Ratto: The vastness of Kobe Bryant, in all directions

Heroes soar and plummet with greater velocity than the rest of us

Ray Ratto
January 26, 2020 - 10:25 pm

Charlie Pierce of Esquire wrote the first Kobe Bryant obituary that noted the irony of him falling from the sky, and was among the first to note the difficulty of navigating Bryant's sexual assault case in Colorado while trying to absorb his greatness as an athlete and entrepreneur amid the horror of the helicopter crash that killed him, his daughter Gianna and seven other people.

In all, it was a tribute among hundreds to a flawed celebrity and undisputed athletic and cultural icon, an eloquent reminder that heroes soar and plummet with greater velocity than the rest of us, and a fist in the stomach to make sure we understand that tragedy diffuses and leavens it all. 

Bryant's basketball and show business careers speak their own truths, as does his life in full. His family is an even truer monument than his celebrity, of course, and eight families have been damaged, not just one.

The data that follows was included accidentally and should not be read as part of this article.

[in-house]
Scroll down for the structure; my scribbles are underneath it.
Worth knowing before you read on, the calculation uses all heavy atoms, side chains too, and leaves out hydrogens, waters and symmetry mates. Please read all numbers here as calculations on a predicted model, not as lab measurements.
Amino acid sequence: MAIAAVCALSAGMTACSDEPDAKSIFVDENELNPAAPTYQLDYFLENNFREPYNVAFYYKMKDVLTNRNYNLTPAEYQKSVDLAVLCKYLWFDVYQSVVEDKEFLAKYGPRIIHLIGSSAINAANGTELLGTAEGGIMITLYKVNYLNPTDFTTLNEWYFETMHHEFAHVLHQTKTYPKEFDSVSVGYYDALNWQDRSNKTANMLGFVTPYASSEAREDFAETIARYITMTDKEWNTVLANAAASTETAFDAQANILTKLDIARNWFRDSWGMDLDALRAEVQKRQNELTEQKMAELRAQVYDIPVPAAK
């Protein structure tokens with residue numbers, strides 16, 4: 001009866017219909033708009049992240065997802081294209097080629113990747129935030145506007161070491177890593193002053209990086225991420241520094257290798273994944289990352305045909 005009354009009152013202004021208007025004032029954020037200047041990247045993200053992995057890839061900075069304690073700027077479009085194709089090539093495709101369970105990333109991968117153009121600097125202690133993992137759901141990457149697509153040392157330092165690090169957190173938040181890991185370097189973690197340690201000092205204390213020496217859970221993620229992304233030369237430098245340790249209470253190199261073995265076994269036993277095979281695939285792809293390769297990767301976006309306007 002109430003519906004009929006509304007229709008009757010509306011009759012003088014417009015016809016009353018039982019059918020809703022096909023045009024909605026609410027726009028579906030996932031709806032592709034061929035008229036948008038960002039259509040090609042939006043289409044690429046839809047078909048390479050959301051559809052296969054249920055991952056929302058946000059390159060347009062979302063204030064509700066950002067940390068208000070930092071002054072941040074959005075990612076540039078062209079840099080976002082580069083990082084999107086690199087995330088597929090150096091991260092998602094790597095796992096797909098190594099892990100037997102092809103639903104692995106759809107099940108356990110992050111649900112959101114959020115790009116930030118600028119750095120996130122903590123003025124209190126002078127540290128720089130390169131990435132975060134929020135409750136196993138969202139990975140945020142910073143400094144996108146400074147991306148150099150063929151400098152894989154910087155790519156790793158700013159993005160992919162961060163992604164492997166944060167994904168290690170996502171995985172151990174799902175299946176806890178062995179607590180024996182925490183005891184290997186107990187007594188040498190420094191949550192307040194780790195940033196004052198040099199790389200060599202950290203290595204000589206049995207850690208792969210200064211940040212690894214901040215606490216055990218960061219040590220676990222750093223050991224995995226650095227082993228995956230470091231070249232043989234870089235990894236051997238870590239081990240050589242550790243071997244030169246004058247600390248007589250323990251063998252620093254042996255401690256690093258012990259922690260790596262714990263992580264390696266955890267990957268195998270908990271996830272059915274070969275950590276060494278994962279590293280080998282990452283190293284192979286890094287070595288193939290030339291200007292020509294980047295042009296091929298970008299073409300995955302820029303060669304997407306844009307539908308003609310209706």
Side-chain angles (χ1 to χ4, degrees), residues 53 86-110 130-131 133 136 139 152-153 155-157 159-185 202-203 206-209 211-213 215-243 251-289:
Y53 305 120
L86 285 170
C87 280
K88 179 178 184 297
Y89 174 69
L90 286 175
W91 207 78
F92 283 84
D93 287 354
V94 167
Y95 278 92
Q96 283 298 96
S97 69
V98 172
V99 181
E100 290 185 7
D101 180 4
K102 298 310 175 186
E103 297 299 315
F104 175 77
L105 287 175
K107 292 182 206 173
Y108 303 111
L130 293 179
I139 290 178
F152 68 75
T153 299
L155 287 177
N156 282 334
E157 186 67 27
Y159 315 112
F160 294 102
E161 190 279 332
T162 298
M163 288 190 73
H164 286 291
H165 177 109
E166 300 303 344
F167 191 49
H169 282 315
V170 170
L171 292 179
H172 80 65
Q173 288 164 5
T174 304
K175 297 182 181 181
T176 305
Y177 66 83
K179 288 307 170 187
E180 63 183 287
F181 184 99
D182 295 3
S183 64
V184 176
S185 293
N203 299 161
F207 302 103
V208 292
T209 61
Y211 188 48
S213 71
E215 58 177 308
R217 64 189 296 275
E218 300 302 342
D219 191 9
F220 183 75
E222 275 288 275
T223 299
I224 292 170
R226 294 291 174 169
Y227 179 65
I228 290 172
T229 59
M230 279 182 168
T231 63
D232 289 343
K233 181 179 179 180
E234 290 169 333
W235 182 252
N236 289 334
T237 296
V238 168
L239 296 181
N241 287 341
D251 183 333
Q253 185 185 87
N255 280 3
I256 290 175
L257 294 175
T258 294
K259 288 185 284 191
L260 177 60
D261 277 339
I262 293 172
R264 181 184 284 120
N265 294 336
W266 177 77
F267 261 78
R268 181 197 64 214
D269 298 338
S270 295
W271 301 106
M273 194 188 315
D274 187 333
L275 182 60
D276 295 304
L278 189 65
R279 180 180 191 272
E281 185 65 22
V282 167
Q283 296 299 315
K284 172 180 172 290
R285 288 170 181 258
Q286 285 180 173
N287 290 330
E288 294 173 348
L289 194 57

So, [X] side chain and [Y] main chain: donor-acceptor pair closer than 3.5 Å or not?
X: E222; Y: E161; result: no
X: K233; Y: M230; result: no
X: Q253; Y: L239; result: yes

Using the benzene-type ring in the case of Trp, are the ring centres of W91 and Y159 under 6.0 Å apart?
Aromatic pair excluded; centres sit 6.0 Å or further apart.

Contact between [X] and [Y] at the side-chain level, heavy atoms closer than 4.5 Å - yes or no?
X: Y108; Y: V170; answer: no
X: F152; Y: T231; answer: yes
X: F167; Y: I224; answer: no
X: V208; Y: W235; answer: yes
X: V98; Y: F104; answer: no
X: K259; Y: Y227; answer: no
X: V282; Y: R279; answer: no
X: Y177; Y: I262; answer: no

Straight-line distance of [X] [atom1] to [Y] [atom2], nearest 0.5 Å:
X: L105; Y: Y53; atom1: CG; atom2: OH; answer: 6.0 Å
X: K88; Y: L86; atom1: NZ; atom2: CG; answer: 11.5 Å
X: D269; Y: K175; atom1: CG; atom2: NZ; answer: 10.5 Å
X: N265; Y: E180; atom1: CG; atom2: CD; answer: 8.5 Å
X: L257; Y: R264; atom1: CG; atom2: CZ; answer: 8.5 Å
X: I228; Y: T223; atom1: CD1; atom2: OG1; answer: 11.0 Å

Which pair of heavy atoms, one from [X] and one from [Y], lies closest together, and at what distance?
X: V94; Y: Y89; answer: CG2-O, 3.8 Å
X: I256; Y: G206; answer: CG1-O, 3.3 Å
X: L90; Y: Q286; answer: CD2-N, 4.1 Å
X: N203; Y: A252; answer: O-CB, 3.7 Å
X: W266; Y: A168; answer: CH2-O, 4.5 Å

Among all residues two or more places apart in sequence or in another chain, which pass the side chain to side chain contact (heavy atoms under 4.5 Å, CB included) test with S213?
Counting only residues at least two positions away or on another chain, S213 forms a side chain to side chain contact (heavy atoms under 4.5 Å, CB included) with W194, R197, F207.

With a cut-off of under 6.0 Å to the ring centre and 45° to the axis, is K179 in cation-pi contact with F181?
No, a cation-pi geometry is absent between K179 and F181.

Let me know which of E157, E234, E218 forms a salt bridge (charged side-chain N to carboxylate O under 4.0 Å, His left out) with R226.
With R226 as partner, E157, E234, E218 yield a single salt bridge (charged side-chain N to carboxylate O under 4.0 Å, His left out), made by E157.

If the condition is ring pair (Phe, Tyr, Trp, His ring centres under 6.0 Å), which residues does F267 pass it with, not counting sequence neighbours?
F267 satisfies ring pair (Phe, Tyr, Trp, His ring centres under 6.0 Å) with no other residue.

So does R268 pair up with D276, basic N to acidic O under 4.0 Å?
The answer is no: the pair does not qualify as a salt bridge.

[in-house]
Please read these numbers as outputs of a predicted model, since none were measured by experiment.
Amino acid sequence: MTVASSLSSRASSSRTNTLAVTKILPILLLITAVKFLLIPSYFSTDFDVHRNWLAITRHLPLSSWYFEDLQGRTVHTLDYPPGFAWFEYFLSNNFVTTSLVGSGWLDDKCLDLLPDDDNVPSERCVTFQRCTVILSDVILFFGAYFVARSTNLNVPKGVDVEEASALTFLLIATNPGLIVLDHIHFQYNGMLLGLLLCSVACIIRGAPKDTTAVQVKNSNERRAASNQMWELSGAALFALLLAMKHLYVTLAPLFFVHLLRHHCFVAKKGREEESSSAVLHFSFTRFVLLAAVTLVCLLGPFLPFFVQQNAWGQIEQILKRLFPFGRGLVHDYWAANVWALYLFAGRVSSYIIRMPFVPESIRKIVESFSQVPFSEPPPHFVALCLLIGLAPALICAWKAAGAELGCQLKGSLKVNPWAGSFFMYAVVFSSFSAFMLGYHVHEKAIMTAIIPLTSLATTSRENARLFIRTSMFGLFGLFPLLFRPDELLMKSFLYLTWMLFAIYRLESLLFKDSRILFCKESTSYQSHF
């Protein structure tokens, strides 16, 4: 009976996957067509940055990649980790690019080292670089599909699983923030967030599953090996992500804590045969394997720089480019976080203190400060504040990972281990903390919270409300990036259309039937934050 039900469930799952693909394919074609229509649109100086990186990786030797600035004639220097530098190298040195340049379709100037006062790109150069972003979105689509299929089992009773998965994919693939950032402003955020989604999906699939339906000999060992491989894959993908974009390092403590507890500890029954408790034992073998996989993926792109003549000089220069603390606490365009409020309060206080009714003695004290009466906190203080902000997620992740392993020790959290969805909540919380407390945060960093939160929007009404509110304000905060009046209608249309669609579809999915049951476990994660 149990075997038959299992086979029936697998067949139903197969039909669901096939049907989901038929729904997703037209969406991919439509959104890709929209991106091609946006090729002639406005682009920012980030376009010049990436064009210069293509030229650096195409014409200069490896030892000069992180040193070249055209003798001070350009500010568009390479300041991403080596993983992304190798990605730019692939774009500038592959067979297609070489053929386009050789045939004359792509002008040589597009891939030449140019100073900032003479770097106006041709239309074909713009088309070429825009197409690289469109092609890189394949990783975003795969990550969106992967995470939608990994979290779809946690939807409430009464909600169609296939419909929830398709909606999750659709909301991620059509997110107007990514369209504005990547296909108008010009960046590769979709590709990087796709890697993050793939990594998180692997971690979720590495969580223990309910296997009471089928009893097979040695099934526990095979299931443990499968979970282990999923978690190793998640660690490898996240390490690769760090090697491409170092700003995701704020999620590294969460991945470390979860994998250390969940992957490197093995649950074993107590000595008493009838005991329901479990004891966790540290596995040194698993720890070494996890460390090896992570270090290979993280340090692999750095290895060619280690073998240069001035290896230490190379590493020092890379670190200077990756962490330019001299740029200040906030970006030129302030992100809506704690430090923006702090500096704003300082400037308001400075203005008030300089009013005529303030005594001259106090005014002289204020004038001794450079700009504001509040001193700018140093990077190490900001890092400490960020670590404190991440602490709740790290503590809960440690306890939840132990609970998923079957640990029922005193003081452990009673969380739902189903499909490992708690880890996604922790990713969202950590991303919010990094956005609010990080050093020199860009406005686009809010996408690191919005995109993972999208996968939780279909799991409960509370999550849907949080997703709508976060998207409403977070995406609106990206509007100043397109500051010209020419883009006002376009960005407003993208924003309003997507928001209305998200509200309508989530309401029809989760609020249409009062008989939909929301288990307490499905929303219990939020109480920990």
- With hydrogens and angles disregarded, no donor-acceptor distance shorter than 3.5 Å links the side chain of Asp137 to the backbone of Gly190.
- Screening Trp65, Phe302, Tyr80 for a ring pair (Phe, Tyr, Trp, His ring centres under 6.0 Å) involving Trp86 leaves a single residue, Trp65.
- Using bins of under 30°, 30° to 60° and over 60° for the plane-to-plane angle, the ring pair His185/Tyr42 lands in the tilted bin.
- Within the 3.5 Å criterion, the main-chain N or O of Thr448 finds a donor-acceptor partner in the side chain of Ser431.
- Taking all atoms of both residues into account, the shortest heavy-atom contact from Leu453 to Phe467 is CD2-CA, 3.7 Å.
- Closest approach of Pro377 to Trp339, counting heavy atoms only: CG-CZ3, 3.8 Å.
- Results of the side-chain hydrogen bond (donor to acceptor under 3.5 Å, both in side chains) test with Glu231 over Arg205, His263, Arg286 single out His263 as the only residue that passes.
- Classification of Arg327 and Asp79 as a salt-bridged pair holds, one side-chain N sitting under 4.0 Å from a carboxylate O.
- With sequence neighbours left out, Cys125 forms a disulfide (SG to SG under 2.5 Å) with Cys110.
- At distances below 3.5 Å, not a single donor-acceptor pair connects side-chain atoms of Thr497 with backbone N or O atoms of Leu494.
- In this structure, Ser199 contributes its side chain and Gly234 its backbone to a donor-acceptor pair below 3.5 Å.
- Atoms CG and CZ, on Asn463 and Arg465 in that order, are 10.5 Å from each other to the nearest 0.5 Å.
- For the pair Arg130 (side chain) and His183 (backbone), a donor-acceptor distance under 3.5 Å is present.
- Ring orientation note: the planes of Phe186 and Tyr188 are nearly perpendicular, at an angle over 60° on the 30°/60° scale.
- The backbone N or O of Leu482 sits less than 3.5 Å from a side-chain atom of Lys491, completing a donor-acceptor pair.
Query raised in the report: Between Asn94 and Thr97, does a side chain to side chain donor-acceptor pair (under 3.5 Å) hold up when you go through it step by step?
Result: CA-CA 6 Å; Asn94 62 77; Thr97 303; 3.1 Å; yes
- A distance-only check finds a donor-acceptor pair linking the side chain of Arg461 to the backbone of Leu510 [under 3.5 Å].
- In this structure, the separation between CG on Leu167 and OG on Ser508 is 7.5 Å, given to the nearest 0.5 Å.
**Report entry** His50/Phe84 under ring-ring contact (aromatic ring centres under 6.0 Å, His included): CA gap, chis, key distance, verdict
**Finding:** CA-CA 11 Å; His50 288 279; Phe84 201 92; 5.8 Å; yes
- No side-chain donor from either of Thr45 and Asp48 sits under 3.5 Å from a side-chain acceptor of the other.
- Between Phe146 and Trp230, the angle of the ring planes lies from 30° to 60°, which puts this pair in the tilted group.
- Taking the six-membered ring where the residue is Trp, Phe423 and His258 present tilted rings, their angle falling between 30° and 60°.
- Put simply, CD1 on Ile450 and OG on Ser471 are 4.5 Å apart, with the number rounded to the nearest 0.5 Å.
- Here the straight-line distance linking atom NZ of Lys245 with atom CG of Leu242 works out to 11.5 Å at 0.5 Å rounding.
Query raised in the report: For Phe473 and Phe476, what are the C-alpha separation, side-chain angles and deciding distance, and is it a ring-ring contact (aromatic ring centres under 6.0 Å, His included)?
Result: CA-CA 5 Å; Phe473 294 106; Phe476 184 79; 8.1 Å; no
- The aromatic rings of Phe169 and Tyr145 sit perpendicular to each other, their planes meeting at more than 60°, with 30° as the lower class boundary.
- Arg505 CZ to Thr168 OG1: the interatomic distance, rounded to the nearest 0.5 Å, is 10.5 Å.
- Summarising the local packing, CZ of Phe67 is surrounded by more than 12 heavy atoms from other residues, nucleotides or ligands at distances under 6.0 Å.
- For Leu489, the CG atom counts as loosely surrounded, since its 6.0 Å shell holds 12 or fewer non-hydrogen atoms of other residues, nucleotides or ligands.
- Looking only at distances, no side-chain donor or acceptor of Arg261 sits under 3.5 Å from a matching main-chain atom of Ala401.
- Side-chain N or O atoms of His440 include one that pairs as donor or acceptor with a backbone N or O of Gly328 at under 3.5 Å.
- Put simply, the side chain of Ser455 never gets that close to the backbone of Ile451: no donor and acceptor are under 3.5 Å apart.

But Bryant was the nexus, the central figure, because he moved the nation in a number of ways. The one thing he seemed incapable of inspiring was ambivalence. He drove and was driven, he inspired and intimidated, he entertained and excelled, and yes, there was the Denver thing to remind those so inclined to want to remember that he was capable at least one point of his life to take what wasn't his to take.

As we have learned, everyone pieces together someone else's life the way he or she chooses, and Bryant had long ago achieved mega-first-name-only status — which is to say that only he could wear the name so well that his surname seemed utterly superfluous. He achieved such status as a player and mover that he became a de facto front office figure with the Los Angeles Lakers, an award-winning film producer and a guiding light for athletes in other sports. To call him massive was to flatter the concept of mass.

And his death at the height of his reverence in the culture magnifies it all. Sunday, families were shattered and forced to reassemble themselves from the shards, Bryant's most of all. It is the part of the nightmare that makes this all the more painful, all the more evocative, and all the longer to absorb. Kobe Bryant's life was taller, wider, broader and more complicated than Sunday could fully explain, which is why this one will linger a lot longer than news cycles can contain.

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